In Oxford Open Learning’s distance learning Chemistry IGCSE course students learn about the production of calcium oxide, also known as quicklime. In today’s blog, one of our science tutors takes a look at the history of quicklime and limelight.
‘Being in the limelight’ is a common expression meaning being at the centre of attention, or, in the theatrical sense, being in the spotlight on stage. The phrase’s origins lie in the use of limelight as a type of stage lighting in 19th century theatres and music halls.
If calcium carbonate, or limestone, is heated it produces calcium oxide, also called quicklime. Limelight is produced by heating quicklime to a high temperature. When it’s heated with a flame produced by burning a combination of hydrogen and oxygen gases through a blow pipe, quicklime glows a bright white, or, in other words, becomes incandescent – this is known as limelight.
Although, with the right mix of gases, a combination of oxygen and hydrogen can reach 2800°C the flame must be kept below the melting point of quicklime which is 2572°C.
The famous French scientist Antoine Lavoisier is credited as the first to blow oxygen through a blow pipe in 1782. Robert Hare (b.1769 in Willingdon, Sussex) and Edward Daniel Clarke (b.1781 in Philadelphia) experimented with the oxy-hydrogen blowpipe – oxy-hydrogen is a mixture of oxygen and hydrogen gases. Sir Goldsworthy Gurney (b.1793 near Padstow, Cornwall) developed the oxy-hydrogen blowpipe further in 1823 while at the Surrey Institute. His development resulted in a larger more stable flame than his predecessors had managed. After seeing a demonstration of the light, in 1826 Thomas Drummond (b.1797), a Scottish Civil Engineer, used it to provide light in surveying applications.
The lighting system was first used in the theatre in 1837 at Covent Garden. It was then used around the world in theatres and music halls in the 1860s and 1870s for spotlighting and creating sunlight and moonlight effects. The lights, known as Limes, were also placed at the front of the balcony for general stage illumination.
As a result of using dangerous gases and flames for limelight, there were numerous theatre fires during this time. The Royal Alhambra Theatre in London had a major fire in 1882 in which a wall collapsed nearly killing the Prince of Wales. In 1885, The Theatre Royal in Exeter burnt down while still using limelight, and 278 people died as a result of a fire caused by a stage light at the Brooklyn Theatre in New York in 1876. Such incidents lead to improved safety regulations including the use of a metal fire curtain to divide the theatre from the auditorium in the event of a fire. Numbers of fire exits were also increased, walls were made stronger to prevent collapse, and water supplies were improved for fire fighting.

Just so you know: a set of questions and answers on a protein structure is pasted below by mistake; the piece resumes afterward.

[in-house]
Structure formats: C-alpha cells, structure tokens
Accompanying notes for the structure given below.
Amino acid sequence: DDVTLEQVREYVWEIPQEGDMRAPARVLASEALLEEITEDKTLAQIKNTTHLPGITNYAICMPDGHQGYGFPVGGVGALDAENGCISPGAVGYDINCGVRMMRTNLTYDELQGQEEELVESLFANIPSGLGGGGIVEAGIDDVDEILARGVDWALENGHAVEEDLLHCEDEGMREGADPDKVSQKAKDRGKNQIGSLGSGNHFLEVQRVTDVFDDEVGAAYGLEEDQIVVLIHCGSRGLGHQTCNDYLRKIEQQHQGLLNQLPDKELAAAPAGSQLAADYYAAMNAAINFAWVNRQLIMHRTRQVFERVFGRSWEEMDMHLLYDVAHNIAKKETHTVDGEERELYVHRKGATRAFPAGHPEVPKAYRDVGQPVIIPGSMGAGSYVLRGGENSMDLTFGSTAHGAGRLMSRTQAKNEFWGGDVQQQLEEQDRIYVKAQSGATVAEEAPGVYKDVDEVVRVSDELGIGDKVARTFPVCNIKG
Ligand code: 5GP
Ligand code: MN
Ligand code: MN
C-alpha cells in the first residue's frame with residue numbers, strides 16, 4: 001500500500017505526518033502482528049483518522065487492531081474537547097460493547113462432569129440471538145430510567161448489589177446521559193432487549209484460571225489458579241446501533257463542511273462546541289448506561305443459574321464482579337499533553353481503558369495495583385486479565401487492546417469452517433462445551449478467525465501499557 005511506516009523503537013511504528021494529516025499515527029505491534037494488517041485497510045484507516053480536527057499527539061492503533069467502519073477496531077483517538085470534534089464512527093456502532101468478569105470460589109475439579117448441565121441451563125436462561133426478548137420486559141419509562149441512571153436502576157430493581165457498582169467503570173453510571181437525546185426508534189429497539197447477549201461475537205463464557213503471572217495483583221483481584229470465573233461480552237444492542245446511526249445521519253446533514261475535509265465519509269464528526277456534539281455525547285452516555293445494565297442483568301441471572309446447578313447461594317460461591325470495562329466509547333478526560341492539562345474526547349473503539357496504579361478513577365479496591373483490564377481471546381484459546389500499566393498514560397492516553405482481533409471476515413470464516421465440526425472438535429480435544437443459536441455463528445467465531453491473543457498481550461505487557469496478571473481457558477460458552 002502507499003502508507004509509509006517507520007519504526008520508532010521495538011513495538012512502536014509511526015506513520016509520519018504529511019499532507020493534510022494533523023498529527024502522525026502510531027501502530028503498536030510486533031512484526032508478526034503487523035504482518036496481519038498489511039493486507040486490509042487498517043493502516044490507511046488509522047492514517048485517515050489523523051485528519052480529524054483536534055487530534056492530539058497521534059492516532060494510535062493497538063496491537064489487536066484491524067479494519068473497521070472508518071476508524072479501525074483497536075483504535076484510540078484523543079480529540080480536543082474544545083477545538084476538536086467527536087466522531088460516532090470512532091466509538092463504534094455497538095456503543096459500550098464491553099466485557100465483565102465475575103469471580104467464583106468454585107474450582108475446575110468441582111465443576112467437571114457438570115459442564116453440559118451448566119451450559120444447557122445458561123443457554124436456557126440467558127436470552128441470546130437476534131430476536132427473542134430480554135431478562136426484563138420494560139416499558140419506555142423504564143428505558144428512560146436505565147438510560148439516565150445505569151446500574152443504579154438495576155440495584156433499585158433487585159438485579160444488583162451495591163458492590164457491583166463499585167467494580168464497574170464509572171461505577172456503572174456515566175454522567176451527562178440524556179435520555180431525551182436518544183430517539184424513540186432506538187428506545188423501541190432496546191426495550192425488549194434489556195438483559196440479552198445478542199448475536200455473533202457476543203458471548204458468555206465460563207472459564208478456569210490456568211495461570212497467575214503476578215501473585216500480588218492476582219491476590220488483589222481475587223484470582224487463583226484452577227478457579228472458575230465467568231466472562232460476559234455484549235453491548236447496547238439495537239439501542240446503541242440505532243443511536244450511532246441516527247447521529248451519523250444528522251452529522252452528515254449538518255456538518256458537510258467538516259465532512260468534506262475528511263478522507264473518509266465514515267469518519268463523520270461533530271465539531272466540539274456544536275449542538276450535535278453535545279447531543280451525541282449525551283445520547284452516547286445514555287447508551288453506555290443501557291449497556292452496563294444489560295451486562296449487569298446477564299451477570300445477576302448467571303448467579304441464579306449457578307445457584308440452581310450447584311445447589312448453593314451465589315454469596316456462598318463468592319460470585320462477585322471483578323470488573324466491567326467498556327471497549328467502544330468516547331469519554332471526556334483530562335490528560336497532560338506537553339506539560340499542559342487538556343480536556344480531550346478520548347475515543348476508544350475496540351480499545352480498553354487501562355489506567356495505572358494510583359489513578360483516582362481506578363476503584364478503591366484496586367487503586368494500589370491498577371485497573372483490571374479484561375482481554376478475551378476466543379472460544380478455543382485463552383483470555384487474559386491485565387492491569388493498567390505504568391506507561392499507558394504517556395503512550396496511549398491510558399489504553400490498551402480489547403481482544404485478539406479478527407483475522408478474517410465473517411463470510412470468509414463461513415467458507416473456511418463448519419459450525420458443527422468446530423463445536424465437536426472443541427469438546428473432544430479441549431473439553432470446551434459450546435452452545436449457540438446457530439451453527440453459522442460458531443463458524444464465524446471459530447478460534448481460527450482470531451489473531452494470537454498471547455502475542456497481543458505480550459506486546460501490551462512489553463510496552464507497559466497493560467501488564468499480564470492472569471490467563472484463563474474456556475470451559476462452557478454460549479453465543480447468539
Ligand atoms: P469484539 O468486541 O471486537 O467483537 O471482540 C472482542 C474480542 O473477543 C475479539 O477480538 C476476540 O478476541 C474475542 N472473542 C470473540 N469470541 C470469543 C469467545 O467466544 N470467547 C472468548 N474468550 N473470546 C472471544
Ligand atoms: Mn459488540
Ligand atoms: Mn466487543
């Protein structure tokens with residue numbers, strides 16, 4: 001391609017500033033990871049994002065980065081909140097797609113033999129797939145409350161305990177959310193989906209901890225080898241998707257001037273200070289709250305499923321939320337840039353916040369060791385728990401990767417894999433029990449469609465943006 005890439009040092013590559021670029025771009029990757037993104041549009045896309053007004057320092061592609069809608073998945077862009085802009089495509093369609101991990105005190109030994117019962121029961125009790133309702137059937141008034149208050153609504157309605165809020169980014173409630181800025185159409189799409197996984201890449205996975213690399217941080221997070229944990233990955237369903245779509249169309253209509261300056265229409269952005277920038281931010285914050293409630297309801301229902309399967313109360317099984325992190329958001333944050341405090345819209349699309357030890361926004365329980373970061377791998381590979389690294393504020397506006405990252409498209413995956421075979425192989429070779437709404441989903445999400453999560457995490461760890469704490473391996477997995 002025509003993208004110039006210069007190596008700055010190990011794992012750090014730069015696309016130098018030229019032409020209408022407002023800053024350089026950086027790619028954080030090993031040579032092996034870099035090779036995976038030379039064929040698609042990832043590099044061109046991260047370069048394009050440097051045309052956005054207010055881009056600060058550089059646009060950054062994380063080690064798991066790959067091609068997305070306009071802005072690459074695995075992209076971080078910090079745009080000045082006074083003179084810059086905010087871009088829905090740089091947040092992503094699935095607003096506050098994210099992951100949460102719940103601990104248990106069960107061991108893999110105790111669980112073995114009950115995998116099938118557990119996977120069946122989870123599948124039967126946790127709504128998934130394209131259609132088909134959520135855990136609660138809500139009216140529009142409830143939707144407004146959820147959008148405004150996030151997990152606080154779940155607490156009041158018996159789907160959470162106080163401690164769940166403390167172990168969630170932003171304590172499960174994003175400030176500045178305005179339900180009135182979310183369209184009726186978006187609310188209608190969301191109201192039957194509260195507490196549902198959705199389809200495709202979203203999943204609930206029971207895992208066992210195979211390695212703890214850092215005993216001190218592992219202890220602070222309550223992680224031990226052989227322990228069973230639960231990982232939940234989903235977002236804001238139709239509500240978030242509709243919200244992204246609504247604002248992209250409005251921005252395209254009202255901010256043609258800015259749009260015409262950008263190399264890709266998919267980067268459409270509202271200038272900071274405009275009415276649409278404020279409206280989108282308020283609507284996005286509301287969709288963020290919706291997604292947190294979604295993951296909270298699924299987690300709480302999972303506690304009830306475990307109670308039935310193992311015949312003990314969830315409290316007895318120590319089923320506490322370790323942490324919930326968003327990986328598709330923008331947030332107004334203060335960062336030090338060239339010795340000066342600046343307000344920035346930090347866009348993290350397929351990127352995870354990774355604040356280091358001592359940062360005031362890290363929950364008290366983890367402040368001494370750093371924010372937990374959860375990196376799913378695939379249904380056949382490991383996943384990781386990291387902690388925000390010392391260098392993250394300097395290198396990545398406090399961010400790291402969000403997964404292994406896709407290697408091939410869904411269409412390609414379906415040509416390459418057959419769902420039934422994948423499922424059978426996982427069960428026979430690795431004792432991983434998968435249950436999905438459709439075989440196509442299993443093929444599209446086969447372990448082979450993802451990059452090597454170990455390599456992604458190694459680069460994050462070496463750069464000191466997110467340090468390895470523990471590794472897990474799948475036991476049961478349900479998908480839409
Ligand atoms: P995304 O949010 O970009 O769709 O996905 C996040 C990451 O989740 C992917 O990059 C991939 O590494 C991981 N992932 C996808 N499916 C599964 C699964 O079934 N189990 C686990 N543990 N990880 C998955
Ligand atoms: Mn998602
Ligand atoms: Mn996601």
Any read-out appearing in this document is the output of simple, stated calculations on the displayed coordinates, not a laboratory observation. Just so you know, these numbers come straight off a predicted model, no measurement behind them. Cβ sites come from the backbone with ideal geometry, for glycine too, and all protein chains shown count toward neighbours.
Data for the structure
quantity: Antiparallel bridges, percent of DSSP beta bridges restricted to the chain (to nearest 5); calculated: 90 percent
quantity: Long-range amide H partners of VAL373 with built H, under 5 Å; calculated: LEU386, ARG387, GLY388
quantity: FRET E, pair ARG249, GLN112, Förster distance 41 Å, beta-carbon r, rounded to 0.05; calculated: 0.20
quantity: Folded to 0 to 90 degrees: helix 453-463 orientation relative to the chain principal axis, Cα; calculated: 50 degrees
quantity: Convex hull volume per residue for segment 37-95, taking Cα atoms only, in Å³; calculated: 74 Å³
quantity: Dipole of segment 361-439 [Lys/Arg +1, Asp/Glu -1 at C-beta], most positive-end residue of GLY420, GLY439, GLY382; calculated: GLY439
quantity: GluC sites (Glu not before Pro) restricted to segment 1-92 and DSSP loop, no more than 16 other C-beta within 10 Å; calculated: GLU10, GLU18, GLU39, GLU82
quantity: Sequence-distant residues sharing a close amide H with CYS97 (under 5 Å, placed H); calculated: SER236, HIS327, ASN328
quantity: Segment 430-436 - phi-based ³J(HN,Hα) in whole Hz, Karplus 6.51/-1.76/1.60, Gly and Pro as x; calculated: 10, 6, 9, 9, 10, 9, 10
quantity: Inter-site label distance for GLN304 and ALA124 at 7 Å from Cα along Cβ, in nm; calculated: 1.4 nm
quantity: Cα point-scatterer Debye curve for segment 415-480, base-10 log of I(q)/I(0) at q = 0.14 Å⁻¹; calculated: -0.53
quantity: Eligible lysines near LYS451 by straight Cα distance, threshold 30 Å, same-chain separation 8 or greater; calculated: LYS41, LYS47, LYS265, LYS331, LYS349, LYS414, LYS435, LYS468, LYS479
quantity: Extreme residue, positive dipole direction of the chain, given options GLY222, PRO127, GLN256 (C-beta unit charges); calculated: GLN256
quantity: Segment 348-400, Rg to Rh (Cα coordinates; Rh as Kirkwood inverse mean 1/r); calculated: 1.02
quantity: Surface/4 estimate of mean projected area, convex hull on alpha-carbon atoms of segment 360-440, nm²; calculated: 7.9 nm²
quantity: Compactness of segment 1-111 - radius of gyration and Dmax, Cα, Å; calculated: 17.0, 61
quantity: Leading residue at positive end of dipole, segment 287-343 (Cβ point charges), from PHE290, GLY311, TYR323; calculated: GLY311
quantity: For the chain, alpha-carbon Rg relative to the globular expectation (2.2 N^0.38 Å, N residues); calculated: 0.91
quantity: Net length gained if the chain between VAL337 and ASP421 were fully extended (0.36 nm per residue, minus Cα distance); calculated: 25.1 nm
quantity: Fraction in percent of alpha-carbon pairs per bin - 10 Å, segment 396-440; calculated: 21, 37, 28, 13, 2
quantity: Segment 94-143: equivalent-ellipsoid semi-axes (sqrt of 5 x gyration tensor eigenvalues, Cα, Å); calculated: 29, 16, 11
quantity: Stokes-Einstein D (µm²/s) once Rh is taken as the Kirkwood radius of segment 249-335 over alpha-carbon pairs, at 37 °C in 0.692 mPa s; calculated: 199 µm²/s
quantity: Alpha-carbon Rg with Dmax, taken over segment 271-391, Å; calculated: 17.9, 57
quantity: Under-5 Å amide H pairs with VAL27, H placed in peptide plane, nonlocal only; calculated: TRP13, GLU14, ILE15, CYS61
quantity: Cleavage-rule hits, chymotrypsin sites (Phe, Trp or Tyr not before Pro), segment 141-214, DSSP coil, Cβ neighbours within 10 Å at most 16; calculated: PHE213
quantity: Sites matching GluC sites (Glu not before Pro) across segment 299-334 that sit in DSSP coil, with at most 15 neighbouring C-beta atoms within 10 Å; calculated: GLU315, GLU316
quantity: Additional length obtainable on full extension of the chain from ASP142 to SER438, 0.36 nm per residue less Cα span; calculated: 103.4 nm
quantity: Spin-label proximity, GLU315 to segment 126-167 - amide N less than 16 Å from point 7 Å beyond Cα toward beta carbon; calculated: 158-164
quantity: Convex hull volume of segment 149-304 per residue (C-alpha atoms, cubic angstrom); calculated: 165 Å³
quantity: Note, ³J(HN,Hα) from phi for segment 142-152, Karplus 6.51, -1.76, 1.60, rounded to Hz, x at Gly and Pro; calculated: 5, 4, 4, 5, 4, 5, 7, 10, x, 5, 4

The fire risk, together with the fact that each light needed its own operator to keep adjusting the oxygen and hydrogen gas cylinders and the position of the quicklime, meant that in the late 19th century the Limes were replaced by electric lights . But ‘being in the limelight’ has persisted as a common saying.
IGCSE Chemistry home study students cover the topic Acids, Alkalis and Salts, including work on calcium carbonate, as part of their Physical Chemistry work. Oxford Open Learning’s home learning students also look at the use of limestone in the extraction of iron ore.
For more information on Oxford Open Learning’s IGCSE Chemistry course contact a student adviser on 0800 9757575.
Andrew Bateson is 57 years old and initially trained as a Geologist. He has been a secondary school teacher for 22 years teaching Chemistry and Science to 11 to 18 year olds. Previously he worked in the Ceramic industry in research and development and then management. He has experience of both the independent and state sectors, teaching in single sex and mixed sex schools. As a Union Rep., he followed educational policy closely throughout his teaching career. He has retired from teaching to continue working with OOL and to retrain as a Psychotherapist.